@jhawkins Could you explain what precise timing should look like? I also have a few questions.
My first question is how matrix cells encode timing (ramping activity, more/less cells activating, or maybe different cells active at each moment?) My second question is whether the goal is to track time since an input or until an expected input.
I'm also wondering what are the differences in precise timing for sensory input versus precise timing for behavior, if you don't mind commenting about that.
If you haven't watched it, Jeff Hawkins talks about precise timing in this video: https://www.youtube.com/watch?v=VHUvUflFR7w
I have notes on some of the sources I'll list in this (messy) google doc: https://docs.google.com/document/d/1ySuL-qf6hHSH7Iw8THLFMy21pV_q6KzRmsnv60dD480/edit?usp=sharing
I don't know of any sources specifically about precise timing, so you might have to incorporate information from multiple sources and do some hypothesizing. A possible starting point is researching the thalamus, especially matrix cells and higher order thalamus.
For precise timing related to sensory input, I don't know of any good sources.
If you are interested in precise timing related to behavior, these articles could help:
"Anticipatory activity in the human thalamus is predictive of reaction times" (Nikulin et al.)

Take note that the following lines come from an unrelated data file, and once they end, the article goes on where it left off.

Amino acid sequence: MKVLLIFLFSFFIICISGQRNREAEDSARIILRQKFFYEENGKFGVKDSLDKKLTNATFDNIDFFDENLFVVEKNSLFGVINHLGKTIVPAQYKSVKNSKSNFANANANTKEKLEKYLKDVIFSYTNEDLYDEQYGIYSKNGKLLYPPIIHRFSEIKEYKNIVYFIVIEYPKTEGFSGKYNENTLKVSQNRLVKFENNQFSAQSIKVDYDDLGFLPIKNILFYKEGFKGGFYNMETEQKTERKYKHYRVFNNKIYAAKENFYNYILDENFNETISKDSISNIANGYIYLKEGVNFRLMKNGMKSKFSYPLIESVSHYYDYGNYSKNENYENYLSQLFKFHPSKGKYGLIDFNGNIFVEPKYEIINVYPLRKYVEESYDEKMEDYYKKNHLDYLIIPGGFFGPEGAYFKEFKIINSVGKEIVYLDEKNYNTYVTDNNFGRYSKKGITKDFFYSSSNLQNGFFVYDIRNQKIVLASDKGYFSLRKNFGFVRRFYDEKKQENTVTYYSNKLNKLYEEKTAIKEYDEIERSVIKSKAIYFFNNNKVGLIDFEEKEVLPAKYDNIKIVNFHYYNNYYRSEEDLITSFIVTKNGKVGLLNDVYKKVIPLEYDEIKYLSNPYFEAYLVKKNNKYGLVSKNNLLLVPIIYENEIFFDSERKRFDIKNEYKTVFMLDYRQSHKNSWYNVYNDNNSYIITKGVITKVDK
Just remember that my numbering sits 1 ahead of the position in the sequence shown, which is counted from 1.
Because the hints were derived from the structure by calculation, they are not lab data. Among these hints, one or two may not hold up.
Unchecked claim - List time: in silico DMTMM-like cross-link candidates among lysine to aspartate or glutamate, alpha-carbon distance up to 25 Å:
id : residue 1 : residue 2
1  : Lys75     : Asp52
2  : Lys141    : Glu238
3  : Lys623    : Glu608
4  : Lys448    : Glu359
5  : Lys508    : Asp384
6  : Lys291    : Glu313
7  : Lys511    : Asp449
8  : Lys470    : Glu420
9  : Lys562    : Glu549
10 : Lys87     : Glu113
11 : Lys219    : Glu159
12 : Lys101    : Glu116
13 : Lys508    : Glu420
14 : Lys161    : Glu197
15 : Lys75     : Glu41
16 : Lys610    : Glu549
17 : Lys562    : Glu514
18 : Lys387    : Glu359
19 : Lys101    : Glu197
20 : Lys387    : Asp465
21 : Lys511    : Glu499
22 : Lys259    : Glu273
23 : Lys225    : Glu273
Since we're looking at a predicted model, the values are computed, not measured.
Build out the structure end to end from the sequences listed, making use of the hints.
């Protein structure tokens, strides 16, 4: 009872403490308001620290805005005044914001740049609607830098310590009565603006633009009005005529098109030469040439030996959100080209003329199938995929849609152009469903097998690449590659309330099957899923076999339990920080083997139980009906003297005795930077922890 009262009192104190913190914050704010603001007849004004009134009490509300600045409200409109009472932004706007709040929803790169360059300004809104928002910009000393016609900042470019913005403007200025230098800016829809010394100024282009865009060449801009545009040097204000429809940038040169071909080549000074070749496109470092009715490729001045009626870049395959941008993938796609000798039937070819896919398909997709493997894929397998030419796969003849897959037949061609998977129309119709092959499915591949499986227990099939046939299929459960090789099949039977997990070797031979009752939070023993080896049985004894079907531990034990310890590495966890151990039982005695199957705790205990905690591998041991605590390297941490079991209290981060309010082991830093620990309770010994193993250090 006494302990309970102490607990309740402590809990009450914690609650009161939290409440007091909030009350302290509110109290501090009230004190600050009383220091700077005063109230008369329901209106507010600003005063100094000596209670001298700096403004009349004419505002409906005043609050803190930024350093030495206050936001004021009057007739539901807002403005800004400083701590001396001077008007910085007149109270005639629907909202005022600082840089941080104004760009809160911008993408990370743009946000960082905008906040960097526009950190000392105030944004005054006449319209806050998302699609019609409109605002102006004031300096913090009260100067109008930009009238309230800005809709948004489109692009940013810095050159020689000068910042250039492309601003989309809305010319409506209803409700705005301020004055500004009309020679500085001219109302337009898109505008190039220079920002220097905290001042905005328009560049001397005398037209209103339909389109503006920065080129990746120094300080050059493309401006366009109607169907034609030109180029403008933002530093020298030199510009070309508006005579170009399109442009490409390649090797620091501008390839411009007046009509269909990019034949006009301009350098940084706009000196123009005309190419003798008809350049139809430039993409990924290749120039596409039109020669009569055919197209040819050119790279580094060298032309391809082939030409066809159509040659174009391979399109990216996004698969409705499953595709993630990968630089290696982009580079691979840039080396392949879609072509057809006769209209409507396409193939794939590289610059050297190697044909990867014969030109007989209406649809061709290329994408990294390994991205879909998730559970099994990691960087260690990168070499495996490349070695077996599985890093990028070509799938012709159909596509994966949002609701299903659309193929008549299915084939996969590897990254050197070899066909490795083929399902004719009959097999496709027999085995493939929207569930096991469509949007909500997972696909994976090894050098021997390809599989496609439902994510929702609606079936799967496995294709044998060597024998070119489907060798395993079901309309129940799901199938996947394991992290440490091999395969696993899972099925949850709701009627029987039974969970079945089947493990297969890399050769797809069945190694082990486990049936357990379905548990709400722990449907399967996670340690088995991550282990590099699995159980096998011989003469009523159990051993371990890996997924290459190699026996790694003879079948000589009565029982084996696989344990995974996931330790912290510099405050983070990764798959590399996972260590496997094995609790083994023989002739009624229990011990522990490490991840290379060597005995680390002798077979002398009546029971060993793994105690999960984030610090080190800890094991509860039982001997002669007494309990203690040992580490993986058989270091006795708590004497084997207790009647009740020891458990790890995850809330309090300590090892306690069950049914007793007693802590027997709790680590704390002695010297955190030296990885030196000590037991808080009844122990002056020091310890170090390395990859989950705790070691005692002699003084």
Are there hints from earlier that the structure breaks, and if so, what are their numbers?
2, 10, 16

"Simultaneous Top-down Modulation of the Primary Somatosensory Cortex and Thalamic Nuclei during Active Tactile Discrimination" (Pais-Vieira et al.) This might seem irrelevant to precise timing, but precise timing for behavior might be a predictive signal because behavior is usually planned tens or hundreds of milliseconds in advance, sometimes much longer.
Presaccadic predictive activity:
"Division of labor in frontal eye field neurons during presaccadic remapping of visual receptive fields" (Shin and Sommer, 2012) (Also mentions saccadic suppression.)
"The time course of perisaccadic receptive field shifts in the lateral intraparietal area of the money" (Kusunoki and Goldberg, 2002)
"What the brain stem tells the frontal cortex. I. Oculomotor signals sent from superior colliculus to frontal eye field via mediodorsal thalamus" (Sommer and Wurtz, 2004)
"Neurons in the monkey superior colliculus predict the visual result of impending saccadic eye movements" (Walker, Fitzgibbon, and Goldberg, 1995)
"Thalamic pathways for active vision" (Wurtz et al., 2011, a review)
Separating behavior-induced visual movement from actual object movement:
Unfortunately, I only know of sources about touch, mostly about the rodent whisking system. I can give you a quick overview of the whisking system, if you want.
"Feedforward motor information enhances somatosensory responses and sharpens angular tuning of rat S1 barrel cortex neurons" (Khateb, Jackie Schiller, and Yitzhak Schiller, 2017)
"Vibrissa Self-Motion and Touch Are Reliably Encoded along the Same Somatosensory Pathway from Brainstem through Thalamus" (Moore et al., 2014)
"A disinhibitory circuit mediates motor integration in the somatosensory cortex" (Lee et al., 2013)
"Active sensation: insights from the rodent vibrissa sensorimotor system" (Kleinfeld, Ahissar, and Diamond, 2006, an opinion article)
"Reducing the Uncertainty: Gating of Peripheral Inputs by Zona Incerta" (Trageser and Keller, 2004)
Some random things I've read which might be relevant:
Saccadic suppression is partially because saccades produce blurred images. Presaccadic predictive remapping (which I think is the anticipatory excitation you mention) occurs in V1, but weakly, perhaps just because of small receptive fields.